HH: I am excited about the newer liposuction technologies. I am an investigator for the FDA study for a radiofrequency based liposuction device, called BodyTite, and we are evaluating its efficacy for skin tightening. There are also ultrasonic noninvasive body-contouring technologies coming down the pipeline. If we can make them work safely, it will revolutionize the field.

For the breast, we have newer tools like dermal matrices, such as Alloderm and the newer Strattice to help with secondary corrections and reconstruction.

On the eyelid and facial front, where I have always maintained a strong interest and subspecialty, it is amazing to learn more about the process of facial aging and to further evolove the techniques to nonsurgically rejuvenate the lower lid with fillers to get rid of the “sunken look.” There will be novel fillers and topicals that can intercept aging in many new ways. But the most exciting thing for me is practicing in an era where I can combine surgery and noninvasive tools in the right dose, for each person for the best results, something that was just not available to my mother’s generation years ago.

The DG Dozen

1) How do you define glamour? Glamour, to me, is a “presence” that is both stunningly attractive and inspirational. A quality that is not limited to physical appearance but encompasses attitude, behavior, and life.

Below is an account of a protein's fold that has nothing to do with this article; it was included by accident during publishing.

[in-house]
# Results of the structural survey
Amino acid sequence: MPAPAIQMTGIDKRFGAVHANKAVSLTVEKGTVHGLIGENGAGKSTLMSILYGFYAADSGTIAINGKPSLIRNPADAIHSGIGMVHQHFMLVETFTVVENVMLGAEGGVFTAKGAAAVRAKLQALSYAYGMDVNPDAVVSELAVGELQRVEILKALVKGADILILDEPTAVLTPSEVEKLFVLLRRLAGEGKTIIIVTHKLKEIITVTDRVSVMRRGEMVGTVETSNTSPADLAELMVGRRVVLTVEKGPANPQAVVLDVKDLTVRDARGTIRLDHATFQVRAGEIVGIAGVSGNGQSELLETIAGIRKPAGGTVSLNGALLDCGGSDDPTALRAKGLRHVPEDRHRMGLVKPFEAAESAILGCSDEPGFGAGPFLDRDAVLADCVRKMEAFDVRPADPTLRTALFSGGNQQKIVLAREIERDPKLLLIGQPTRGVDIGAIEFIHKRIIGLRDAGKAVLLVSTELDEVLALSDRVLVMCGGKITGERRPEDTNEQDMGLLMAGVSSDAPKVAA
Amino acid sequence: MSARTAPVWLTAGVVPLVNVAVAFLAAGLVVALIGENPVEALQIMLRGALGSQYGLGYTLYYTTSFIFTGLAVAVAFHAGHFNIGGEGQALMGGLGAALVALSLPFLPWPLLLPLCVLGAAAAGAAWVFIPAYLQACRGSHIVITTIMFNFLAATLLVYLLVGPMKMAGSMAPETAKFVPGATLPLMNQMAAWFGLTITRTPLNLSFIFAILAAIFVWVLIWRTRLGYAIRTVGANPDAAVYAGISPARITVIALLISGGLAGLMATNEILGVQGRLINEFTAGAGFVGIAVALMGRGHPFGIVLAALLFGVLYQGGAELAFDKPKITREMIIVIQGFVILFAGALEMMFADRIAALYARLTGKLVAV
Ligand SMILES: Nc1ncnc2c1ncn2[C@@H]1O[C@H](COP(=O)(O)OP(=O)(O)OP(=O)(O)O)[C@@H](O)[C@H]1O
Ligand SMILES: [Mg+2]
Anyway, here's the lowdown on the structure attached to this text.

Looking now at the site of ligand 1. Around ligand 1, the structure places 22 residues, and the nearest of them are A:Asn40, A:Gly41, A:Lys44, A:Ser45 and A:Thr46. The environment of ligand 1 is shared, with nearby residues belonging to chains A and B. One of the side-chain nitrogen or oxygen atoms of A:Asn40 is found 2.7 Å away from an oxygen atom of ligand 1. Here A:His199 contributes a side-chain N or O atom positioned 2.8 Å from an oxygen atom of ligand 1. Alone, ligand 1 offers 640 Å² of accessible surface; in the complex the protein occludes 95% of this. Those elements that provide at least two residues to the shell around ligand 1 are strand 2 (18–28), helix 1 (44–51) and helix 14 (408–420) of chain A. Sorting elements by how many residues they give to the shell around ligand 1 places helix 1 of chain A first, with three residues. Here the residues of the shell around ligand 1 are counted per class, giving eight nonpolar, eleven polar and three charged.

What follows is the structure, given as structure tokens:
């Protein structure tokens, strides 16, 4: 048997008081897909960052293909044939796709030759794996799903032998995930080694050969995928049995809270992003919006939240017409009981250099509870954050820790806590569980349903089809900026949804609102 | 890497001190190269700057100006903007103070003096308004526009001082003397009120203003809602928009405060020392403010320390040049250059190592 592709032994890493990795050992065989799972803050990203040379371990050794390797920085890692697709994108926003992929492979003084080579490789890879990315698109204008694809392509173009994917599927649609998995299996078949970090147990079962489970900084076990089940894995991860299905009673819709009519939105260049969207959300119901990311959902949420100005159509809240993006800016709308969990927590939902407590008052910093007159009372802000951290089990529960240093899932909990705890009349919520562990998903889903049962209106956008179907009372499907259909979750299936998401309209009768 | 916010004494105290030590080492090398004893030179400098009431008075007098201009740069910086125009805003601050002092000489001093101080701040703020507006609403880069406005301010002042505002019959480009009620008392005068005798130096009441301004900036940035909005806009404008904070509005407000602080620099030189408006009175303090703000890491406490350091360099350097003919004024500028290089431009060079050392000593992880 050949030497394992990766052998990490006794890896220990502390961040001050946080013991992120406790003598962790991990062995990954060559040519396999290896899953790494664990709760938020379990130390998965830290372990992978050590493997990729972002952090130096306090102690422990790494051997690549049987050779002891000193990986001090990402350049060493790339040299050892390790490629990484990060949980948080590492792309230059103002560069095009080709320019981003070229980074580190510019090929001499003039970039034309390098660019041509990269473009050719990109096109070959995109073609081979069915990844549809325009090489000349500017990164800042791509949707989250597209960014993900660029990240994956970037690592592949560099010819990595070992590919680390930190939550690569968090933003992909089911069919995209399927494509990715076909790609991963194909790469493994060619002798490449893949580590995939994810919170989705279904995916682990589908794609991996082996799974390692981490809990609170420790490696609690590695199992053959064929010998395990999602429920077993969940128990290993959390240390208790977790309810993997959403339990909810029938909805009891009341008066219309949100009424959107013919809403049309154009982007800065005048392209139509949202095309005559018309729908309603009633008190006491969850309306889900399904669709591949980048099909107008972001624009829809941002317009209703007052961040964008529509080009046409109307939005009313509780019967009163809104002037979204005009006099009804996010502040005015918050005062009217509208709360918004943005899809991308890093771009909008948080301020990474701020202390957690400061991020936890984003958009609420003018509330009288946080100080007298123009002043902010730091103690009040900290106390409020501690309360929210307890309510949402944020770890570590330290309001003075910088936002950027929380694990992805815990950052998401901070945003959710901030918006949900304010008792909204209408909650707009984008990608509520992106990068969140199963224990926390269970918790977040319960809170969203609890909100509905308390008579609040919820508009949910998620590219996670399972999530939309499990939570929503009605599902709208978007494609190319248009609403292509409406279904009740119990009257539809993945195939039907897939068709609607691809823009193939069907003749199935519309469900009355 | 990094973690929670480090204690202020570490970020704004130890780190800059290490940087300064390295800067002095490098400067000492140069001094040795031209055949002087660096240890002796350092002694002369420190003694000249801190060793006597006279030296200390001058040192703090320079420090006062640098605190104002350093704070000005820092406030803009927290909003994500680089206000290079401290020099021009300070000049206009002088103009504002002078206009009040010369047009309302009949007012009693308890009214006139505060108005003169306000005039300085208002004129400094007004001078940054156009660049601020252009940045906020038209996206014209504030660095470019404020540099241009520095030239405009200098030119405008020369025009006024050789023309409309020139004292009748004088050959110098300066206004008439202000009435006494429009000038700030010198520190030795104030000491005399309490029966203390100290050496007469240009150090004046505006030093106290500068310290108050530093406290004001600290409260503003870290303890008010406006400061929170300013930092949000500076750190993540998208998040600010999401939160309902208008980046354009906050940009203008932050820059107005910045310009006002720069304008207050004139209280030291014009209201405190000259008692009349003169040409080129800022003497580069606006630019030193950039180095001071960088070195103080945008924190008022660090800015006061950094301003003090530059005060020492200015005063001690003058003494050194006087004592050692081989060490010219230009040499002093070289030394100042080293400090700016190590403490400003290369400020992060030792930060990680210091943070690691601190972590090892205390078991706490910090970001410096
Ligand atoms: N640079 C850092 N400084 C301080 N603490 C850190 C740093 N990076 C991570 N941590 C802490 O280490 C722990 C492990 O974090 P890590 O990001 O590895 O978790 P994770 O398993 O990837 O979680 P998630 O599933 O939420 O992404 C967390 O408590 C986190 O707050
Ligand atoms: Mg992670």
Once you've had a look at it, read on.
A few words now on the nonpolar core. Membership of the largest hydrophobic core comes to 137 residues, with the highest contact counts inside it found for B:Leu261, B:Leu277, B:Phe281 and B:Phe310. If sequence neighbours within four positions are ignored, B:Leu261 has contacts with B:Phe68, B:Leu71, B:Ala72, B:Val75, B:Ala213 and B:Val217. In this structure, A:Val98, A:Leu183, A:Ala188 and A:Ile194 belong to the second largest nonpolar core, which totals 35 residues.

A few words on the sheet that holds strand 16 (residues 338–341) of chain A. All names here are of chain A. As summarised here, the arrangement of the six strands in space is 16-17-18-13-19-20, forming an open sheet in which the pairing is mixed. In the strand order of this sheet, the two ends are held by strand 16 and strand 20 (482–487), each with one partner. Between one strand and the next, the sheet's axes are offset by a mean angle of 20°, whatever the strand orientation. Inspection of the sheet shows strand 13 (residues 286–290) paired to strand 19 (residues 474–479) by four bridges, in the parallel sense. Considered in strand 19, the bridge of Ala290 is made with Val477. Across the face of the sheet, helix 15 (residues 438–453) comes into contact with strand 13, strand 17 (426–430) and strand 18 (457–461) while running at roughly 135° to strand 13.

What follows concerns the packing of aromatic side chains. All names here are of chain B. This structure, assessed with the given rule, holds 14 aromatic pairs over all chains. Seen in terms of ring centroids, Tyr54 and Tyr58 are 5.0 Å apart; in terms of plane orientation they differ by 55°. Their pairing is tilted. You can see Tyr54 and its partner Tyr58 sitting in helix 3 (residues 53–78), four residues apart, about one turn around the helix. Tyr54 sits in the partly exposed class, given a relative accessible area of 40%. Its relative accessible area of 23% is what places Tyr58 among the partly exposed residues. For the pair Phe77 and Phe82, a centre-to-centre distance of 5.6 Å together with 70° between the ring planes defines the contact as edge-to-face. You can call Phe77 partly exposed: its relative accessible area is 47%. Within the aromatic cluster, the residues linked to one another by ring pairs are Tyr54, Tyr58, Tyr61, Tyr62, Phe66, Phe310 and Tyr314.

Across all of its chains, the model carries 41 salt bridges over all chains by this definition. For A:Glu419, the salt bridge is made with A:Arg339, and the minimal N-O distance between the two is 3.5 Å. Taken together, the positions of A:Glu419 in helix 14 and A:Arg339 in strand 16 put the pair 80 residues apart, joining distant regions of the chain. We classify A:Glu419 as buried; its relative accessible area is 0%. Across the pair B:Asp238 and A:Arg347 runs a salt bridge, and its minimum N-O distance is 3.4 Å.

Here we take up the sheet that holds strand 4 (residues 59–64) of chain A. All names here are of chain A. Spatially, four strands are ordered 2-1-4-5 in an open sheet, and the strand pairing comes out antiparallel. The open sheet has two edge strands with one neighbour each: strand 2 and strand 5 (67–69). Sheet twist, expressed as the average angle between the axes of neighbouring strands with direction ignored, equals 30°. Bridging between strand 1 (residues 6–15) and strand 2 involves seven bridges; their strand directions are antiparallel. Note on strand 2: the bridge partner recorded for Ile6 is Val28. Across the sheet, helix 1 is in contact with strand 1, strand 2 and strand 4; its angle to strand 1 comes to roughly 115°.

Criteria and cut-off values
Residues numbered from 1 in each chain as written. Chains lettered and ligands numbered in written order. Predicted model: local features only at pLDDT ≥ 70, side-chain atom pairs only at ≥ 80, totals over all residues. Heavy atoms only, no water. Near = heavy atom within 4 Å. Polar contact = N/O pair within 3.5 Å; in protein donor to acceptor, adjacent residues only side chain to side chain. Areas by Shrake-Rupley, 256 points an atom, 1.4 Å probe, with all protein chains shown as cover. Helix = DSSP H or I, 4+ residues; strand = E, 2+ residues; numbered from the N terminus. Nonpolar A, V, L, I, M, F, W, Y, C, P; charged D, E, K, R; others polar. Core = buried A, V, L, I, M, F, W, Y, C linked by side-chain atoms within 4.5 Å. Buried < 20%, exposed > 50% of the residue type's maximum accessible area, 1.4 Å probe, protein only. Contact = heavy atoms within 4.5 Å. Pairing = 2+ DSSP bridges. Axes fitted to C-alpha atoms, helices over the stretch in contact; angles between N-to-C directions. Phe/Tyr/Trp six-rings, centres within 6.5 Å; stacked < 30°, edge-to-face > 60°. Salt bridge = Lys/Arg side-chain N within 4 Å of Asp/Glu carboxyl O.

2) Who or what is your glamorous icon? Grace Kelly

3) Is glamour a luxury or a necessity? Neither

4) Favorite glamorous movie? The Thomas Crown Affair (2nd version) and To Catch a Thief

5) What was your most glamorous moment? My wedding day in St. Bart when I walked down the aisle in a flowing chiffon dress. I was in the best shape. I was glowing and extraordinarily happy and excited. The light was magical. And I had all my friends and family there.

6) Favorite glamorous object (car, accessory, electronic gadget, etc.)? Antique pearl necklace and earring set given to me by my mom.

7) Most glamorous place? Paris

8) Most glamorous job? What I do. It is pretty glamorous.

9) Something or someone that other people find glamorous and you don’t. Rolls Royce

10) Something or someone that you find glamorous whose glamour is unrecognized. An amazing sailboat

11) Can glamour survive? Yes. Glamour makes an impact and an impression that is timeless.

12) Is glamour something you’re born with? I think it is a combination. Some qualities are inherent and some can be adopted.


1) Angelina Jolie or Cate Blanchett? Cate

2) Paris or Venice? Paris

3) New York or Los Angeles? New York

4) Princess Diana or Princess Grace? Princess Grace

5) Tokyo or Kyoto? Kyoto

6) Boots or stilettos? Stilleto boots

7) Art Deco or Art Nouveau? Art Deco

8) Jaguar or Astin Martin? Astin Martin

9) Armani or Versace? Armani

10) Diana Vreeland or Anna Wintour? Anna Wintour

11) Champagne or single malt? Champagne but only fine champagne

12) 1960s or 1980s? ’80s.

13) Diamonds or pearls? Diamonds

14) Kate Moss or Naomi Campbell? Naomi

15) Sean Connery or Daniel Craig? Sean Connery

[Photograph of Haideh Hirmand © Evan Sung, used with permission.]